Submitted to: HortScience
Publication Type: Peer Reviewed Journal
Publication Acceptance Date: 7/15/2002
Publication Date: 12/1/2003
Citation: Thies, J.A., Fery, R.L., Mueller, J.D., Miller, S., Varne, J. 2003. Response of bell pepper near-isogenic for the N gene to Meloidogyne incognita in field trials. Hortscience. 38(7):1394-1396.
Interpretive Summary: The U.S. Vegetable Laboratory, USDA, ARS, Charleston, S.C., developed 'Charleston Belle' and 'Carolina Wonder', the first two root-knot nematode resistant bell peppers available in the U.S. Resistance of these two open- pollinated bell pepper cultivars to root-knot nematodes is controlled by the N (nematode) gene. In field studies at two sites in South Carolina, 'Charleston Belle' and 'Carolina Wonder' exhibited a high level of resistance to root-knot nematodes. However,'Keystone Resistant Giant' and 'Yolo Wonder' (the susceptible parental cultivars of 'Charleston Belle' and 'Carolina Wonder', respectively) do not carry the N gene, and thus were very susceptible to nematodes at both sites. At one site, 'Charleston Belle' produced significantly more marketable fruit than the other cultivars. These results demonstrate that resistance to root-knot nematode (controlled by the N gene) is effective in field planted bell pepper. Resistant bell peppers should provide economical and environmentally compatible alternatives to soil fumigation with methyl bromide and other nematicides for managing nematodes. Resistant bell cultivars may also be useful as rotation crops for managing nematodes in subsequent susceptible vegetable crops.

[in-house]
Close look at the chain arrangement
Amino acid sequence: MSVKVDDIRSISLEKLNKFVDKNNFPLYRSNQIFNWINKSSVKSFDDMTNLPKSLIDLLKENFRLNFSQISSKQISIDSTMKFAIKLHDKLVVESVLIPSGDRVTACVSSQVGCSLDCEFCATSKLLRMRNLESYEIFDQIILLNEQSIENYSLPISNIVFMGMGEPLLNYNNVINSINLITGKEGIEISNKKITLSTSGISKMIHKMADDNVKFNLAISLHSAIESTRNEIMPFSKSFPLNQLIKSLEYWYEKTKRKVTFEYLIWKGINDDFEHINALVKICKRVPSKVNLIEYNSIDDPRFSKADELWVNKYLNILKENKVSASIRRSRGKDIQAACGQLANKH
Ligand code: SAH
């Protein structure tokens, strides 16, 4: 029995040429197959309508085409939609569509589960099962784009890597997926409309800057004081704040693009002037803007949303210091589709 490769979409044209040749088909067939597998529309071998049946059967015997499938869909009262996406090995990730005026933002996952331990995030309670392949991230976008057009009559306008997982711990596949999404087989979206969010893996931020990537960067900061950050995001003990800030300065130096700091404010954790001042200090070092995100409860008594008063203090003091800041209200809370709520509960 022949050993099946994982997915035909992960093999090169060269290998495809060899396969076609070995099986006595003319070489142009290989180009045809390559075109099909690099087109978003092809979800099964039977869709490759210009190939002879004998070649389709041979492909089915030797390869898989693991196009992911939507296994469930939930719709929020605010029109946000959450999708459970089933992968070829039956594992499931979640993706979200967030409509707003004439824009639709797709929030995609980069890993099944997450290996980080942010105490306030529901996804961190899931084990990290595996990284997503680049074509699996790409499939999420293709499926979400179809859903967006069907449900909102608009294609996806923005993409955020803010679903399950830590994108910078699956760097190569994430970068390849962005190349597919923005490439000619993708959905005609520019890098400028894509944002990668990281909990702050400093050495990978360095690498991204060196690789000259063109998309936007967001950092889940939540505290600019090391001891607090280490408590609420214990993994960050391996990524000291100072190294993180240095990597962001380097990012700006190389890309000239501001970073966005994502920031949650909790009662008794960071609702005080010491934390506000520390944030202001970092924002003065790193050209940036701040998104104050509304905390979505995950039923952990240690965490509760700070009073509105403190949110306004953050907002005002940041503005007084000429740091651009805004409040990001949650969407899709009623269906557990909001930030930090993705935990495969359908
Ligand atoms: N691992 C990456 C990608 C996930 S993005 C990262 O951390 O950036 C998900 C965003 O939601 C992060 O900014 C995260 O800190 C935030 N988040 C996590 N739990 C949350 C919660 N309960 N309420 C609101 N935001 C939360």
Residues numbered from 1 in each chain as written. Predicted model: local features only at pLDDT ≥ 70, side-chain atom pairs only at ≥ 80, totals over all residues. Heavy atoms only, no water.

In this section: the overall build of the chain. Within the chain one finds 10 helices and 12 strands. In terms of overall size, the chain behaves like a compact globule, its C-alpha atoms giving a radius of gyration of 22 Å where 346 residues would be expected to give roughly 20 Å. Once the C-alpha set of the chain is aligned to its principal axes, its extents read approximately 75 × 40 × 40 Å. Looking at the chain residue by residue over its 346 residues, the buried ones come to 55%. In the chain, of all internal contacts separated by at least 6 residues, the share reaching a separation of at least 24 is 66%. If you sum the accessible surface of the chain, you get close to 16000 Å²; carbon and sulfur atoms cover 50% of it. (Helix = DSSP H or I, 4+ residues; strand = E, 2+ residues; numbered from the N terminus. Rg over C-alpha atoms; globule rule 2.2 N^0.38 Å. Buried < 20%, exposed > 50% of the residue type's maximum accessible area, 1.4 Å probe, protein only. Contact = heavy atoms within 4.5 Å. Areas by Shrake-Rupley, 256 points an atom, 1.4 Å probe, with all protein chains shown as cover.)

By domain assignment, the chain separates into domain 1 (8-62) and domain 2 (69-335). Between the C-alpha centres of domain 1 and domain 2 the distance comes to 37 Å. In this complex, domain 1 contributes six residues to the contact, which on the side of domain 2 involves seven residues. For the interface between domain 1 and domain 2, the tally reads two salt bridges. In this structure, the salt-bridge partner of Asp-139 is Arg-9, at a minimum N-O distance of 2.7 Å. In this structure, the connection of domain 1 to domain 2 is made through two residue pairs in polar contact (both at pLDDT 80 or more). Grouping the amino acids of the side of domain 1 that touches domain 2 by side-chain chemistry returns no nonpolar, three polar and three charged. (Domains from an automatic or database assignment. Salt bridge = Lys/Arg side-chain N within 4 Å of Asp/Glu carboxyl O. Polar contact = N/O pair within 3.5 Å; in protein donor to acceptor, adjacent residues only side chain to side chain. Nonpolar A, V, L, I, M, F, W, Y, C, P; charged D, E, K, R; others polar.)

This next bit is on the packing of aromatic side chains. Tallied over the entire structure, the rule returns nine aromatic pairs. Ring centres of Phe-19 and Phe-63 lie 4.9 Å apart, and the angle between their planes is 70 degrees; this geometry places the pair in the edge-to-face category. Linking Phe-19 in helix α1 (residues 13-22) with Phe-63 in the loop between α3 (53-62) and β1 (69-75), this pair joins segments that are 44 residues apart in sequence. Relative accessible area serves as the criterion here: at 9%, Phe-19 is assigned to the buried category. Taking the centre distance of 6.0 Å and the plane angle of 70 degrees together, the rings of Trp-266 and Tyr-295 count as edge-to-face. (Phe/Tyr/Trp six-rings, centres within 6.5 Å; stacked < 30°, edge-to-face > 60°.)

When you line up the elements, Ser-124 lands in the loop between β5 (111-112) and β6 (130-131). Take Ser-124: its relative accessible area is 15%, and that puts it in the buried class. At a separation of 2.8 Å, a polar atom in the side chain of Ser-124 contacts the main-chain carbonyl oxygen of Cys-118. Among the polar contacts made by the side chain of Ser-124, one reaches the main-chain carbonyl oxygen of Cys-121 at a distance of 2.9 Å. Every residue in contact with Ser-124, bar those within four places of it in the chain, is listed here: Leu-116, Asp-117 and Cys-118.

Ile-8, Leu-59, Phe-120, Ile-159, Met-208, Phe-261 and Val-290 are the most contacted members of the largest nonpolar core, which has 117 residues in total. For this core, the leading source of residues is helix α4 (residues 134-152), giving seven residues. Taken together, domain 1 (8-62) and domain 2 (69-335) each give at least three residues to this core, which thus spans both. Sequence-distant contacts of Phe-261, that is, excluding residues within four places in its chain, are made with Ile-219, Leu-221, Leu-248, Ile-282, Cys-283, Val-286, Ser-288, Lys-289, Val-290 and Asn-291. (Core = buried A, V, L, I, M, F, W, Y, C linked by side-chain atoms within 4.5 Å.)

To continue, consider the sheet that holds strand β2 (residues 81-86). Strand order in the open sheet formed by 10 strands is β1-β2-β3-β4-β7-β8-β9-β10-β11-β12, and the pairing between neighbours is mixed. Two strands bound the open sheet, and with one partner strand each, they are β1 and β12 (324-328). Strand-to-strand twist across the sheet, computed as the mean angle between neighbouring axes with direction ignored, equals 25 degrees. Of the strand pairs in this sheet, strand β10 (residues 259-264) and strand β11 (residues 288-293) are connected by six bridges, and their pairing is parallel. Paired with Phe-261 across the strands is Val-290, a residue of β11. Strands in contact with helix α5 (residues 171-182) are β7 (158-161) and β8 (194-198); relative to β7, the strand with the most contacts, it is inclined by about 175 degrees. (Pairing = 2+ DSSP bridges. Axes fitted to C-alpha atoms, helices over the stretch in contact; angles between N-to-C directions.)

Technical Abstract: Resistance of two sets of bell pepper (Capsicum annuum L.) cultivars near- isogenic for the N gene that conditions resistance to root-knot nematodes were compared in field tests at Blackville, S.C. and Charleston, S.C. The isogenic bell pepper sets were 'Charleston Belle' (NN) and 'Keystone Resistant Giant' (nn), and 'Carolina Wonder' (NN) and 'Yolo Wonder' (nn). The resistant cultivars 'Charleston Belle' and 'Carolina Wonder' were highly resistant. The susceptible parental cultivars, 'Keystone Resistant Giant' and 'Yolo Wonder' were susceptible. 'Charleston Belle' had 87.7% fewer eggs per g fresh root than 'Keystone Resistant Giant' and 'Carolina Wonder' had 98.3% fewer eggs per g fresh root than 'Yolo Wonder'. At Blackville, 'Charleston Belle' had greater marketable fruit yield (P less than 0.06) than the other cultivars. 'Charleston Belle' and 'Carolina Wonder' exhibited a high level of resistance at both sites. These results demonstrate that resistance conferred by the N gene is effective in field planted bell pepper. Root-knot resistant bell peppers should provide economical and environmentally compatible alternatives to methyl bromide and other nematicides for managing M. incognita.